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The Right Frame of Reference May 5, 2010

Posted by nrhatch in Books & Movies, Gratitude, People.
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Last week, I watched The Blind Side (starring Sandra Bullock and Quinton Aaron).  Hands down, it’s the best movie I’ve seen this year.

Based on a true story, Sandra’s character, Leigh Anne, and Quinton’s character, Michael, epitomize the spiritual qualities we should all strive to unleash on the world ~ love, compassion, unity, courage, and hope.

A few days later, I watched Precious: Based on the Novel Push by Sapphire  (with award-winning performances by both Gabourey Sadibe and Mo’Nique).

Grittier and not as uplifting as The Blind Side, Precious excels at demonstrating the resiliency of youth even under the most abusive conditions.

Here are a few parallels between the two:

Both teens grew up in ghettos where they faced extreme hardship and challenges without parental support ~ one abandoned and neglected, the other abused.

Both teens were under-educated and over-weight ~ which made them less likely to “stand out from the crowd” in a positive way.

Both teens had yet-to-be discovered talents, skills, and abilities which came to light only after they received attention, nurturing, and love  from caring adult role models who encouraged them to believe in themselves both in and out of the classroom.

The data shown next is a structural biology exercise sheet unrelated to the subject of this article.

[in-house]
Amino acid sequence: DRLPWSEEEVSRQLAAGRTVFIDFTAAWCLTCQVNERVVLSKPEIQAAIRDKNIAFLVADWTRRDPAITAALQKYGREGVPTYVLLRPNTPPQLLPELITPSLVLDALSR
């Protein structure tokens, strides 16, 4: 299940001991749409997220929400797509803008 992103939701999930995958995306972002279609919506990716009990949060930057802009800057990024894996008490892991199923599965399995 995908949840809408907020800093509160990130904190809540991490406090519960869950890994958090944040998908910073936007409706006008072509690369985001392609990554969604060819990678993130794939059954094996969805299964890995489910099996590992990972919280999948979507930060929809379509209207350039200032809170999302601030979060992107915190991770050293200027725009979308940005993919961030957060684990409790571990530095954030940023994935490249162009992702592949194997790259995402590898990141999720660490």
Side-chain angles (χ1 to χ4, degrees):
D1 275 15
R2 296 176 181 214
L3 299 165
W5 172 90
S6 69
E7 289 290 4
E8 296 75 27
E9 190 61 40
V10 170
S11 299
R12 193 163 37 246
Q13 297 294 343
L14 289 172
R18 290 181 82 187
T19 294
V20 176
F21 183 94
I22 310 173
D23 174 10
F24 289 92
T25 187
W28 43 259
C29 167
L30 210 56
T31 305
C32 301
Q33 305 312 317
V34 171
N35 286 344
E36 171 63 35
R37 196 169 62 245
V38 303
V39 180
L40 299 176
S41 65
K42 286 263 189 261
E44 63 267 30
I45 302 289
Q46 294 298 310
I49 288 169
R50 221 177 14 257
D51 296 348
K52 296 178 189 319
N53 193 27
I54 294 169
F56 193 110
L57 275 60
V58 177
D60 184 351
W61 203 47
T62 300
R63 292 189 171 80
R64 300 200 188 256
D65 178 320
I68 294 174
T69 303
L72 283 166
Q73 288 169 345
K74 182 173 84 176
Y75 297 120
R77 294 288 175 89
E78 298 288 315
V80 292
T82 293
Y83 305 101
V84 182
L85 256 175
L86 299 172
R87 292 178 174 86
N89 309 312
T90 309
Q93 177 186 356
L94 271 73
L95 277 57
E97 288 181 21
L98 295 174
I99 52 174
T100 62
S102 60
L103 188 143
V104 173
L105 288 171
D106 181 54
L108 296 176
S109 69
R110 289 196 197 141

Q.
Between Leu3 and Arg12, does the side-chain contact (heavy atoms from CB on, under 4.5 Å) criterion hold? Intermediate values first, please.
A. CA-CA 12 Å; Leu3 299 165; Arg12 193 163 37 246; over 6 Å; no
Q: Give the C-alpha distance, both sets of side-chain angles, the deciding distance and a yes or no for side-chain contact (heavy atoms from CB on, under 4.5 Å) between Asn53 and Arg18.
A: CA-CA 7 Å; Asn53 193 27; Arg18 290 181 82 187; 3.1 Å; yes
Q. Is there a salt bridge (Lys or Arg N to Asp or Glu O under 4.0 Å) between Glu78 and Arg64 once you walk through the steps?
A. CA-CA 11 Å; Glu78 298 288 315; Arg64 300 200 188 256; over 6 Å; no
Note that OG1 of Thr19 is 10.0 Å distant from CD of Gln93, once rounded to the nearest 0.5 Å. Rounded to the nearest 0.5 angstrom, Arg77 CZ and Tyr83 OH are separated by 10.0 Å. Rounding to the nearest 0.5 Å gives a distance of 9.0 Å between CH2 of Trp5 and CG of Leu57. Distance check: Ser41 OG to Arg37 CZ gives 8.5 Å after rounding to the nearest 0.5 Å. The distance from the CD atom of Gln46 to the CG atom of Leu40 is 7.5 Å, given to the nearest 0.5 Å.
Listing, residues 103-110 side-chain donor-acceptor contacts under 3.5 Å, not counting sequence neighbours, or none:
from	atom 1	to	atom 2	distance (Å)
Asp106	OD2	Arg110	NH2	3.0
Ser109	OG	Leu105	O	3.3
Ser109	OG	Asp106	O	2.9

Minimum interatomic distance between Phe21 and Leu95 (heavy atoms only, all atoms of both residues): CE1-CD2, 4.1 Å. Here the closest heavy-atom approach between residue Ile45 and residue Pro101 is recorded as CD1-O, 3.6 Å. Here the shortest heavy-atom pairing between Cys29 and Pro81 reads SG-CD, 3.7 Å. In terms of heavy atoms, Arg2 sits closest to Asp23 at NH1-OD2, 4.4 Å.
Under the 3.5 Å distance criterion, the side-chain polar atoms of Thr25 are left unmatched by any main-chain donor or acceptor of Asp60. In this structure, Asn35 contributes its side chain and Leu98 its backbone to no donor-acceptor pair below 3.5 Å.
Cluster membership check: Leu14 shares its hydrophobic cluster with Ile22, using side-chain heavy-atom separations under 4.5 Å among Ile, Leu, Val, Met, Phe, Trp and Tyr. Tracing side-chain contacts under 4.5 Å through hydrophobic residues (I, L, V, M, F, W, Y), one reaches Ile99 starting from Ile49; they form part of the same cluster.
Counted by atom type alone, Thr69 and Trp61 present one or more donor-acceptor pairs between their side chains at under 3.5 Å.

Both teens earn our respect and admiration ~ we stop pitying them, and start rooting for them.  Instead of sympathy, we gain empathy.

Both movies end on a positive note ~ Michael succeeds in sports; Precious continues to live, love, laugh, and learn (although her future is decidedly less certain).

I plan to use both movies as my Frame of Reference for the foreseeable future ~ not only for the spiritual qualities seen on screen, but for what I felt as the credits rolled by frame by frame:

Gratitude . . . overwhelming gratitude.

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Comments»

1. tsuchigari - May 5, 2010

I need to put these on my list, always looking for great movies. Thanks for the review!

2. nrhatch - May 5, 2010

The Blind Side is terrific ~ Sandra Bullock so deserved the Oscar for Best Actress (that jinxed her marriage).

And the real life Leigh Anne . . . wow! From socialite to social conscience.

Precious is tougher to watch ~ more graphic, more “real,” and more eye opening.

What some children have to deal with just boggles the mind.


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